# In sha256, is it possible to use less information than the full preimage to prove that the prefix of the preimage is a certain string

Alice split a long string P into two segments A and B. A is relatively short and B is long.

H = sha256(A + B)

Bob does not know P, but knows H.

Is it possible for Alice to prove to Bob that A is the prefix of P, but only needs to provide additional information much shorter than B?

• Welcome to Cryptography.SE. What is the origin of this question? What are the sizes of $A$ and $B$. Jun 12, 2021 at 10:52
• Thanks, this is a question I think of when I am exploring the delivery of Bitcoin tx. I hope that without telling all the tx, I can prove to others which is the first utxo spent by this tx. so A is about 40 Bytes, B may more than 1000 KB. Jun 12, 2021 at 11:53
• Well, that is input the SHA256 so if you can't find a collision then you need to tell all. Jun 12, 2021 at 11:58
• Got it. If A is long and B is short, it is possible to prove that B is the suffix of P with content shorter than A. But the reverse seems to be really impossible. Jun 12, 2021 at 12:13
• If B is short then Bob can brute force it Jun 12, 2021 at 12:21

Because of the way SHA2 works, no.

SHA2 splits the message up into blocks, then uses a compression function to compress each block into the state. The final state is the hash value.

This means that the only way to "connect" the intermediate state after A has been processed with the final value is to hash all the blocks for the B part, requiring the entirety of B. It's impossible to use fewer bits.

Merkle trees

If you want to verify sub-strings quickly, the standard solution is to use a Merkle tree.

Any node in the tree can be calculated using its children, so we can avoid sending all the content and just supply the nodes necessary to move up the tree to the root node.

If L1 and L2 were the A string and L3 and L4 were the B string, Alice could supply A along with Hash 1 and Bob does not need to know the L3 and L4 blocks to calculate the root hash. Alice can prune the tree to include only what's necessary.

To prove anything relating to P, Bob would need to know P to begin with, so in that sense you cannot prove within the calculation of a single hash that any particular data is hidden in that hash, without knowing P. You cannot prove a segment of a sha256 hash belongs to anything, you can only prove that you are the signer of a transaction.

One approach though, which may or may not be sufficient for what you want to do is to just prove that the UTXO's in a transaction are members of a series, meaning that you can prove that they are associated with the same sender, and you can also obfuscate this so that only one person is provided that evidence.

To do this you could take the previous transaction ID from some input, like input #1 in your transaction bundle, and then take the previous transaction ID from another transaction, lets say input #2 in your transaction bundle, and XOR those two values together to get a third hash that is the result of an XOR of the two transaction IDs that you want to associate with eachother. Now take that result of the XOR operation and place it in the scriptsig or even the coinbase transaction field in one of the outputs so that it is saved and visible on the chain once sent.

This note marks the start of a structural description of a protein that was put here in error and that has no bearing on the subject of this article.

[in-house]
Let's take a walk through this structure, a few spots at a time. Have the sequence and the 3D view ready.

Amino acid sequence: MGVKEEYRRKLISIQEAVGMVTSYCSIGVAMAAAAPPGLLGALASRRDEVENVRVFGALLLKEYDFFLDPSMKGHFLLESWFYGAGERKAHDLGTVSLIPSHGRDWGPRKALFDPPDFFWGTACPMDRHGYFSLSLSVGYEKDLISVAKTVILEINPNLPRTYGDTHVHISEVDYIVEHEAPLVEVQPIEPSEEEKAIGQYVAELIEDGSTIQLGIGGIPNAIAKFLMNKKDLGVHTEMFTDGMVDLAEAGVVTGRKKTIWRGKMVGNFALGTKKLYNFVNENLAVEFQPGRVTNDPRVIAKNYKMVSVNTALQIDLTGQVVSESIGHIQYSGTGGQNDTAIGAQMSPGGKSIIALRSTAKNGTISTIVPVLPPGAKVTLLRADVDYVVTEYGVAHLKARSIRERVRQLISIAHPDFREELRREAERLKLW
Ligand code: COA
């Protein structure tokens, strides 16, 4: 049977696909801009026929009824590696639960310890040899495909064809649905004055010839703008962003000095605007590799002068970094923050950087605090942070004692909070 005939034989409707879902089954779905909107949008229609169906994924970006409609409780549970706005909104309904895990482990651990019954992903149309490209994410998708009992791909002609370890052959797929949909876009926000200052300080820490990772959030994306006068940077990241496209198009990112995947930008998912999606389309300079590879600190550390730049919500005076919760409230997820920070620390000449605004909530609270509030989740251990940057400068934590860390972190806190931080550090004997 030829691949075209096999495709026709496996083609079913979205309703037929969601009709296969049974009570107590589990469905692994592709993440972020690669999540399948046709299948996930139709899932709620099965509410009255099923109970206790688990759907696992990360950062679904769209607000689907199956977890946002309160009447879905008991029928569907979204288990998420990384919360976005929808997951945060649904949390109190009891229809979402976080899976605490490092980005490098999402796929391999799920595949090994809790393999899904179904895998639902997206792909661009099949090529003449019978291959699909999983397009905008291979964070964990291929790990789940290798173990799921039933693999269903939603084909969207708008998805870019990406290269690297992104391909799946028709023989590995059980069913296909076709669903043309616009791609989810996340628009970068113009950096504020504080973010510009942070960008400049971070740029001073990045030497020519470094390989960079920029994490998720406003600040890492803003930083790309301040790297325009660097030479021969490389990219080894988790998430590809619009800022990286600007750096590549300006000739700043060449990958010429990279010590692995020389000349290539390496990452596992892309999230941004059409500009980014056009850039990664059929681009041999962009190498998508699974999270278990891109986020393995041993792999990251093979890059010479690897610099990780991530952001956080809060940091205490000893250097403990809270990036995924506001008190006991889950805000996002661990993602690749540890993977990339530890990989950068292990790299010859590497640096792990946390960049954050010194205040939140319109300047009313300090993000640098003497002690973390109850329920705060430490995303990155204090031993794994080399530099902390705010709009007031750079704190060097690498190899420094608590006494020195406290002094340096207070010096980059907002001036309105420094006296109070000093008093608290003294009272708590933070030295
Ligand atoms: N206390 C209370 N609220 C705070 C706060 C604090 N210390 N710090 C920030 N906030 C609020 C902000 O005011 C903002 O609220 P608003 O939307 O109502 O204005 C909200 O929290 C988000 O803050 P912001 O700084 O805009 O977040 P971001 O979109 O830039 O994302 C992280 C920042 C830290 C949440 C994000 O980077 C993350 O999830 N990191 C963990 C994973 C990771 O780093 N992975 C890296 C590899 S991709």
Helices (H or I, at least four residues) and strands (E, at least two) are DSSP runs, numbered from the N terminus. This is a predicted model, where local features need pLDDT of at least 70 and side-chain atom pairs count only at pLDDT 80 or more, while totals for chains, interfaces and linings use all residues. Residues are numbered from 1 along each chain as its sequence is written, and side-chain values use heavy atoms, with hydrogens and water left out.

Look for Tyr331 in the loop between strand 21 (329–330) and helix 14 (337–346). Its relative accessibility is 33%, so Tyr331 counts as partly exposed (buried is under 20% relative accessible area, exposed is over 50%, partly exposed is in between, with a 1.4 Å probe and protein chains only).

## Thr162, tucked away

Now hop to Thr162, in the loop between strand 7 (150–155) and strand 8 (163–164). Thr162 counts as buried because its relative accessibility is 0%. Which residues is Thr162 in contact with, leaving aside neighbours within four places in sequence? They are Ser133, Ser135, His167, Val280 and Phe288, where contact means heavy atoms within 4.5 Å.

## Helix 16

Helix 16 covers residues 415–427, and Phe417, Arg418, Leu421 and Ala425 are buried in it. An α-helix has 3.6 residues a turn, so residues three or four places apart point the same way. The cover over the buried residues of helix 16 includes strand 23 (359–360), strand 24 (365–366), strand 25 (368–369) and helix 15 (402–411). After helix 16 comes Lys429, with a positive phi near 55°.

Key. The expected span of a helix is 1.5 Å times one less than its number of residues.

Now Alice can tell Bob to look at the scriptsig (or memo field where people often store OP_RETURN data) of the output that holds the XOR'd value, and with that just perform another XOR operation using the stored hash XOR'd again with the output's previous transaction ID, and the result of that XOR operation will be the previous transaction ID of the first input.

It sounds like that may not be exactly what you would like to do, but if associating the transactions together is all that is needed, as opposed to a full cryptographic proof or revealing any keys, you can take advantage of the commutative property of XOR to store some info.

And so taking this XOR operation:

transaction_id_A ^ transaction_id_B = transaction_id_X

Also means that

transaction_id_X ^ transaction_id_B = transaction_id_A

As well as:

transaction_id_A ^ transaction_id_X = transaction_id_B

And so with that method you can prove that the outputs are related or associated with the same person making the transaction, or prove that they were done at the same time, but there is no possible way to prove a substring of a hash digest belongs to any particular input given to sha256.

Any time that any data is fed in to SHA256 it will return a totally random new hash that is not in any order or predictable pattern, but you can use the scriptsig/OP_RETURN fields to save references to other outputs or transactions, as those do not require any key to view on the block explorer, so interlocking those fields may be the closest we can get for that type of proof.